Royal Dutch Shell’s purchase of BG will turn the combined company into a natural gas behemoth. But one casualty of the merger could be one of Shell’s iconic drilling campaigns: the Arctic.
The Arctic is thought to hold 13 percent of the world’s undiscovered oil reserves, and 30 percent of its undiscovered natural gas reserves, according to the U.S. Geological Survey. That makes the Arctic “one of the last energy frontiers,” as Shell put it. Sitting off the coast of Alaska could be around 30 billion barrels of oil.
Shell prided itself on going where no one else was willing. In some of its literature, Shell trumpets its experience in Norway and off the Russian coast on the sub-Arctic island of Sakhalin. It also plays up its experience with new drilling rigs, ice monitoring capabilities, and extensive and innovative oil spill response plans. All of this would give Shell the technical ability to safely produce Arctic oil.
But drilling in the Arctic was never an easy task to pull off. Several years and billions of dollars spent, Shell is no closer to extracting oil from the icy waters of the Chukchi Sea. Its drill ship ran aground at the end of 2012 when Shell tried to move it out of Alaskan waters, and its Arctic campaign has been on hold ever since.
Still, the company persisted. On March 31, Shell cleared a legal hurdle with the Interior Department, and on April 10 Interior initiated the review process for summer drilling. Shell already started moving rigs to Alaska in order to be prepared in case it decides to move forward. Greenpeace boarded Shells ships bound for the Arctic, promising to unfurl banners in protest, but have since vacated the ship.
All signs point to a returned drilling campaign in the Chukchi Sea.
But, the Arctic may be downgraded on the list of priorities now that Shell has moved to spend $70 billion to take over a major liquefied natural gas (LNG) player. Shell’s CEO Ben van Beurden said that the combined Shell-BG will need to sell off $30 billion in assets over the next three years in order to right-size the company, according to Alaska Public Radio. “We plan to undertake a portfolio review to assess which assets should stay in the enlarged group, and which positions would be better owned by others,” van Beurden said at a conference on April 8. The Arctic could possibly get the ax.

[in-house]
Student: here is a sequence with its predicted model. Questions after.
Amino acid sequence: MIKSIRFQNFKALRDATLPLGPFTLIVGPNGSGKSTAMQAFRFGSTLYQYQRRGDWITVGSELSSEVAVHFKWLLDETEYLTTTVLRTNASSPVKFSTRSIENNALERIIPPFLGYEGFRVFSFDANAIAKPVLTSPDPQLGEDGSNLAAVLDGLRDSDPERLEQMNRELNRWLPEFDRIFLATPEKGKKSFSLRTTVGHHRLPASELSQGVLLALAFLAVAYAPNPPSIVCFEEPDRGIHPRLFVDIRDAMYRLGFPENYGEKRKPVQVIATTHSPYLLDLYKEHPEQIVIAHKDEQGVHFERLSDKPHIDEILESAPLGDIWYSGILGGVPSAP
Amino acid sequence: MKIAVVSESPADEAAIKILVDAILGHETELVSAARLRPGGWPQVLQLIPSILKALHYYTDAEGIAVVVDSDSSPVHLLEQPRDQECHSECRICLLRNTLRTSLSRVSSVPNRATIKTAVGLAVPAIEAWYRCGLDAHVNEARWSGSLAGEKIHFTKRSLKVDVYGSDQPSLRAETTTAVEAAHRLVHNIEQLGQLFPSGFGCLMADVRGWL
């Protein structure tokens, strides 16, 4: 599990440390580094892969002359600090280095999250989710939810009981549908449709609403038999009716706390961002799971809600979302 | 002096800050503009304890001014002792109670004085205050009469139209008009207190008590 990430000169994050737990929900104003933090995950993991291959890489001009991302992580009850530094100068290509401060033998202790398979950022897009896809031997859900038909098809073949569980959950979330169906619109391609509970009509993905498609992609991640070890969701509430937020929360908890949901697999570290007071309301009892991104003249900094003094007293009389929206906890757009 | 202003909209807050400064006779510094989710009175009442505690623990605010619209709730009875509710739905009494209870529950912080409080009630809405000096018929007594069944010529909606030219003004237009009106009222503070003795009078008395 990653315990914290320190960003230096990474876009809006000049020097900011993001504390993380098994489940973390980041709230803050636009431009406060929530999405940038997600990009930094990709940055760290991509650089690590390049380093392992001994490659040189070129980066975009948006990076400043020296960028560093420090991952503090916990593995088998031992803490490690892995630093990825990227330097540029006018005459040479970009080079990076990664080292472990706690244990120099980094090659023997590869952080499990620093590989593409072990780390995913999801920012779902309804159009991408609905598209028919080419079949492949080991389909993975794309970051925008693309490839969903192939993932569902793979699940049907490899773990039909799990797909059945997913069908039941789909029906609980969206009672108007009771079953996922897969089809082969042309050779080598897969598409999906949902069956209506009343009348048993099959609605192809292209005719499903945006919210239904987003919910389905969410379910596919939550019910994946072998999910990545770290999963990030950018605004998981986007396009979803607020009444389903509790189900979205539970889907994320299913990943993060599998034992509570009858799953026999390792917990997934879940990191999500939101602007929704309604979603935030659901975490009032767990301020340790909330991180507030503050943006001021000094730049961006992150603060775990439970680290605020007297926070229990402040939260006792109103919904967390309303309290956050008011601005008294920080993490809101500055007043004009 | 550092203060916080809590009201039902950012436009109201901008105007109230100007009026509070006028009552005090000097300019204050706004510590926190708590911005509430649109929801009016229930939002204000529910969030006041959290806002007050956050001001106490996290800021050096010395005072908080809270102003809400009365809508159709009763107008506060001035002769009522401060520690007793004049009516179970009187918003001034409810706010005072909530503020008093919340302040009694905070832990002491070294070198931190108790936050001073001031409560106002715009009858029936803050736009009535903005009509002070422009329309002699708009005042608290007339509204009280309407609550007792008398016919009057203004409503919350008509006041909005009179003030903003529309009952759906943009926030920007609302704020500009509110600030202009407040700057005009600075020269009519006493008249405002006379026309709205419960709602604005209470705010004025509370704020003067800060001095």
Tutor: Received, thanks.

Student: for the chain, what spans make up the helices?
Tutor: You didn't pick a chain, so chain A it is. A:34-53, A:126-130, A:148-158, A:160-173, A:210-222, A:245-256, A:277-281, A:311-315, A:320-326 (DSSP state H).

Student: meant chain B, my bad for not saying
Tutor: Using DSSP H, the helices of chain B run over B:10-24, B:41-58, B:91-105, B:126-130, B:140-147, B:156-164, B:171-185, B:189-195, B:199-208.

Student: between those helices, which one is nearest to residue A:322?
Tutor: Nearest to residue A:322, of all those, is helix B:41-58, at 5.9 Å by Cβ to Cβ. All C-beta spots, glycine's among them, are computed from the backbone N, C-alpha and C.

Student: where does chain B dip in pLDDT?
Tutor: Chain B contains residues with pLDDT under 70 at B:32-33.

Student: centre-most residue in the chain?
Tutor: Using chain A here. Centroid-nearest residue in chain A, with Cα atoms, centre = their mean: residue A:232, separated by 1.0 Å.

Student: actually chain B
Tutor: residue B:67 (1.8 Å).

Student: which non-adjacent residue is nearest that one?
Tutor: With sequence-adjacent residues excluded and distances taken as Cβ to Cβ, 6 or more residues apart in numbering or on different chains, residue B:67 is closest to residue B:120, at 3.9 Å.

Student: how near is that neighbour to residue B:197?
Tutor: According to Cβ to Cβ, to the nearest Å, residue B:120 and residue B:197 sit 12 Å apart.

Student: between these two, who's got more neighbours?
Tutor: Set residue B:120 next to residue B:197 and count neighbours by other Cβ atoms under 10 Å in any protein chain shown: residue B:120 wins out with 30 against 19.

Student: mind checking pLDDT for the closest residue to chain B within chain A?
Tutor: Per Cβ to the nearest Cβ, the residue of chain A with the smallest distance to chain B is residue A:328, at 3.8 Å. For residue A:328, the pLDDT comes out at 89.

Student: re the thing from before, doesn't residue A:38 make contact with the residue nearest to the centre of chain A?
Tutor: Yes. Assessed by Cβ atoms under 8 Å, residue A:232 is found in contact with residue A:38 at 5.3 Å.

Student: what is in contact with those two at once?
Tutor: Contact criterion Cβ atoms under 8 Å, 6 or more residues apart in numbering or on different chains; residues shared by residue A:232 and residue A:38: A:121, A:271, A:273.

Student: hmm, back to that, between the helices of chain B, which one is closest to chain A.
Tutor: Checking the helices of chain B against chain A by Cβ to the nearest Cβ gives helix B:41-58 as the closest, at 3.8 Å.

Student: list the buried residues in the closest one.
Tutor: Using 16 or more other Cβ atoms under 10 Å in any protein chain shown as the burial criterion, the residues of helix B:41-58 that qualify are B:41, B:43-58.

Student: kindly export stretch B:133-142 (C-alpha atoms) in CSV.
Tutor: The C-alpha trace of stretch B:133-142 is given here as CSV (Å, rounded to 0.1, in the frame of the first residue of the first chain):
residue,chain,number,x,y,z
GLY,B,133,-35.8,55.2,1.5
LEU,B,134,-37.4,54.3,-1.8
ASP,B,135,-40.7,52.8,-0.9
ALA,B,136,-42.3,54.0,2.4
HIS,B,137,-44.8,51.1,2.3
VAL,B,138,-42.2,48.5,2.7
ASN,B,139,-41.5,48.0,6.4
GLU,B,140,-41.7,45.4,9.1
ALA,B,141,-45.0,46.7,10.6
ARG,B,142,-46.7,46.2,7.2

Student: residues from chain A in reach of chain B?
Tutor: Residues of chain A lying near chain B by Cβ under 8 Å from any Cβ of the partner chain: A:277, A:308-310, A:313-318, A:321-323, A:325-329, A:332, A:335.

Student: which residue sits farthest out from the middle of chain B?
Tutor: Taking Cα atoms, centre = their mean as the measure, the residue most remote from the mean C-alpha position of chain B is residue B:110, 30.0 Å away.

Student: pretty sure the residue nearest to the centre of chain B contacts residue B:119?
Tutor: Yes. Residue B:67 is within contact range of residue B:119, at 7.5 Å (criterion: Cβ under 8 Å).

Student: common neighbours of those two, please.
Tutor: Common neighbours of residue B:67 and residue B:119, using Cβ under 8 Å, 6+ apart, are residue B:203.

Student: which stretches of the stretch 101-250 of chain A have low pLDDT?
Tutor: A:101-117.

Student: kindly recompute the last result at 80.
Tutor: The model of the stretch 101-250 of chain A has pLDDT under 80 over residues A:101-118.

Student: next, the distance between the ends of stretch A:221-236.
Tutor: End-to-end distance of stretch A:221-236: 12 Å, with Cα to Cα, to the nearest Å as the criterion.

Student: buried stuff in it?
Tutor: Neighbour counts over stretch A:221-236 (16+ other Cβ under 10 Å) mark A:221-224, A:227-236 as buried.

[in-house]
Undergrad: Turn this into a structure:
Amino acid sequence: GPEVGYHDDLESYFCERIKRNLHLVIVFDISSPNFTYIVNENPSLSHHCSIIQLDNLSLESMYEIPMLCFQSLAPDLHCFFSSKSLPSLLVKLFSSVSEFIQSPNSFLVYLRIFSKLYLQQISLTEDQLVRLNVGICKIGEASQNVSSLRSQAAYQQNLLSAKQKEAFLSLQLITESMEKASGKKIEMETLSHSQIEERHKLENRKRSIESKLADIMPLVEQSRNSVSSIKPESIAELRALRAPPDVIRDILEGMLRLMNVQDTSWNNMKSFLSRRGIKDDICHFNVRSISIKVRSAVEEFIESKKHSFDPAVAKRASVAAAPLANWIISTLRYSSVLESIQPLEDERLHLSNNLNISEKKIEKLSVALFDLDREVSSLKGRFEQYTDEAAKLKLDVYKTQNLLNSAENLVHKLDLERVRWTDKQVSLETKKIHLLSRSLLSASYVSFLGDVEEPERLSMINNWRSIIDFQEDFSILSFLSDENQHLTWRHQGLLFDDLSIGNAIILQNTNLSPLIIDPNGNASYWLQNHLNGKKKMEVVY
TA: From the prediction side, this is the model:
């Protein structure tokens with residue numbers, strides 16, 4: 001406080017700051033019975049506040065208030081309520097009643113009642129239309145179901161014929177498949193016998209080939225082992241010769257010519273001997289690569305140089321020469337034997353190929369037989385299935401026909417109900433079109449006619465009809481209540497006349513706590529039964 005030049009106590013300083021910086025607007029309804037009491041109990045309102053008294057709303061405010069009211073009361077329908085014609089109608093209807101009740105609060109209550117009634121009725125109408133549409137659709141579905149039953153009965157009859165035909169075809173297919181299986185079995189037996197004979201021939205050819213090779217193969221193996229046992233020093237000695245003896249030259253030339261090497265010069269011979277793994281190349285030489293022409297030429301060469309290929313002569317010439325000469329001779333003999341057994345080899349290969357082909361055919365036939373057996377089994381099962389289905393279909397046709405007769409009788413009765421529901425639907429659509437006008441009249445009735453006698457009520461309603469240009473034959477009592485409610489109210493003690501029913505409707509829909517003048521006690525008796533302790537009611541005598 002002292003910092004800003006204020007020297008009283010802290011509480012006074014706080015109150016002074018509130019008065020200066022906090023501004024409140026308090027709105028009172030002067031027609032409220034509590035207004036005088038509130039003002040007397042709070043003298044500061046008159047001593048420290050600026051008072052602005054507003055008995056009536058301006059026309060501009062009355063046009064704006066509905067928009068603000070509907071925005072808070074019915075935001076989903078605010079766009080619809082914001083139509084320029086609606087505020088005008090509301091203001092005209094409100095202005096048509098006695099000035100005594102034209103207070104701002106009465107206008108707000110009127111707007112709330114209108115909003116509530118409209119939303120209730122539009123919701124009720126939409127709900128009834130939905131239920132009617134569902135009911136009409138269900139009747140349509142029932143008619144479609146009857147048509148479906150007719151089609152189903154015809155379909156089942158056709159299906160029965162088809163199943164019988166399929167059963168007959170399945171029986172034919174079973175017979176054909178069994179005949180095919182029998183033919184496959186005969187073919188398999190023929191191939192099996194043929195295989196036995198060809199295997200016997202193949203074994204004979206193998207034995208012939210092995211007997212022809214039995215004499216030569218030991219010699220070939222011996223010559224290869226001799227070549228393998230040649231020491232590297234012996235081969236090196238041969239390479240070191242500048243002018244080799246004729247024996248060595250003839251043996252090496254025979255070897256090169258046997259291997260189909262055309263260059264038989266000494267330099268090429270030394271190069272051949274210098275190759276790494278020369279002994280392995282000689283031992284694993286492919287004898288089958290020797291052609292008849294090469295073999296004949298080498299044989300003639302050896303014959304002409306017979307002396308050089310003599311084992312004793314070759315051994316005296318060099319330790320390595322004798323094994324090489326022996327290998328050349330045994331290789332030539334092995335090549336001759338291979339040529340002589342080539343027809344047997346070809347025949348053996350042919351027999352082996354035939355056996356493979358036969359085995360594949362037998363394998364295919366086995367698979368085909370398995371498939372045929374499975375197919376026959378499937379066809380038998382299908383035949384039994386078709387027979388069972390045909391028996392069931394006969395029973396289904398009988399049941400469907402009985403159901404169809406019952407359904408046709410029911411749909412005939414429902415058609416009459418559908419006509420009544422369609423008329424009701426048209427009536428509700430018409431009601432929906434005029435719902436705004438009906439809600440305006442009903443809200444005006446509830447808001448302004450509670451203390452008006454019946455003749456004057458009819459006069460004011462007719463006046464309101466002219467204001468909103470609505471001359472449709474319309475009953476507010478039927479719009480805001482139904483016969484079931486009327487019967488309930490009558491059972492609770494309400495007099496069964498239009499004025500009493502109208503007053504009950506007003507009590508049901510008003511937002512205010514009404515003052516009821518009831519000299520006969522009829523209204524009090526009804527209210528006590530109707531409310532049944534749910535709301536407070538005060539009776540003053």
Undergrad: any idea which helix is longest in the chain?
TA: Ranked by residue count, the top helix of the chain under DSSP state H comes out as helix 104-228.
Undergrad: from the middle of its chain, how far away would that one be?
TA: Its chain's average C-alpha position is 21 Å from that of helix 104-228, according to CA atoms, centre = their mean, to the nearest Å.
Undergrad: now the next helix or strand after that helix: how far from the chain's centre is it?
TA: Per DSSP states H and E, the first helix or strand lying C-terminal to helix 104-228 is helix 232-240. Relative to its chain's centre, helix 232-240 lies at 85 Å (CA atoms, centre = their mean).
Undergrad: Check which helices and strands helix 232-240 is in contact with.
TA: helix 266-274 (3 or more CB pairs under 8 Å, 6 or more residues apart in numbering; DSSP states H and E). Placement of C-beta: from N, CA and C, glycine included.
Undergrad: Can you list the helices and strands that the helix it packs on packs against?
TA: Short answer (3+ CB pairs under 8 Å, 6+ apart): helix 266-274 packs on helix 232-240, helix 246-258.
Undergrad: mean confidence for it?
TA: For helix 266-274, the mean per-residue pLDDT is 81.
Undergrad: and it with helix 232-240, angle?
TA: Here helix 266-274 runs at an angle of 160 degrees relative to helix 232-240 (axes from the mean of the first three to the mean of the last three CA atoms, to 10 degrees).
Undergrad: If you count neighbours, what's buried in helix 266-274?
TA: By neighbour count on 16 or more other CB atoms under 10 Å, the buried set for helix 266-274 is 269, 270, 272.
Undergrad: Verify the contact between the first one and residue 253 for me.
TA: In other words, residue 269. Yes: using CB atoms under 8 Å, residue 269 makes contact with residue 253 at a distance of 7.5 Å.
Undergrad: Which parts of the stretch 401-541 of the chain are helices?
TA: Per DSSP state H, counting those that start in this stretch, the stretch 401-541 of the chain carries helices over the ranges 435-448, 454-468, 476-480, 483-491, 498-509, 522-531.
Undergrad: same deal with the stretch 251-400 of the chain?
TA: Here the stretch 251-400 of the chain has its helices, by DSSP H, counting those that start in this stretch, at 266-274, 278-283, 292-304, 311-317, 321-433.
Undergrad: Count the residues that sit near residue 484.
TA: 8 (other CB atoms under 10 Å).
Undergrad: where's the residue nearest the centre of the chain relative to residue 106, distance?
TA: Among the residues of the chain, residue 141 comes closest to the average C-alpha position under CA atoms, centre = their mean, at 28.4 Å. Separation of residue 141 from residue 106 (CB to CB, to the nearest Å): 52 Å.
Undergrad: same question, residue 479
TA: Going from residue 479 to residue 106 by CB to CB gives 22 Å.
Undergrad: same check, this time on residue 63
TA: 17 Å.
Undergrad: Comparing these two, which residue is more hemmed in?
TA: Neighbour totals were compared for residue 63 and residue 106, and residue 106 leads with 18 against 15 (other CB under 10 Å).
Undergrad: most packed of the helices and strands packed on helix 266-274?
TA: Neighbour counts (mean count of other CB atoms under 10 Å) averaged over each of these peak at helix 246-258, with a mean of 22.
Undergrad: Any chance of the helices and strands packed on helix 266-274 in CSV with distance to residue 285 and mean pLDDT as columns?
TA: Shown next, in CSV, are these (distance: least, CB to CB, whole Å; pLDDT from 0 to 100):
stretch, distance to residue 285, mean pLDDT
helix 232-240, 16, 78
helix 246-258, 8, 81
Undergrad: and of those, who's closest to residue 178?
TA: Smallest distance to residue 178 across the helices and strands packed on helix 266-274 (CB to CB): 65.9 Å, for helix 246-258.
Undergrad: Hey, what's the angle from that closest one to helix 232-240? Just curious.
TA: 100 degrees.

The point of buying BG was to make a big play on LNG over the long-term. Shell will become one of the most important LNG exporters in the world if the deal goes through. With LNG prices down due to an onslaught of new supply – JKM prices in Asia are less than half of what they were a year ago – LNG is not exactly in a boom market right now. But Shell thinks that natural gas is the future, and LNG will be around for the long haul. LNG may even provide steady and more profitable returns than oil.
As Alaska Public Radio reported, the BG purchase could come at the expense of oil. Shell’s CFO confirmed that the company will spend less on conventional drilling.
That would make sense. Now that Shell has to come up with $70 billion to take over another major producer, spending billions more on the Arctic, with its harsh conditions and unfriendly press, would seem to be a steep and unnecessary price. Shell is trying to transform itself into a natural gas giant, and sees its future more in gas than oil. The Arctic fits awkwardly into that vision. “So yes, you will see some changes in the priorities that we have communicated or implied in recent times as well,” van Beurden said. That sounds a lot like it is reconsidering its ambitious plans for the Arctic.
By Nick Cunningham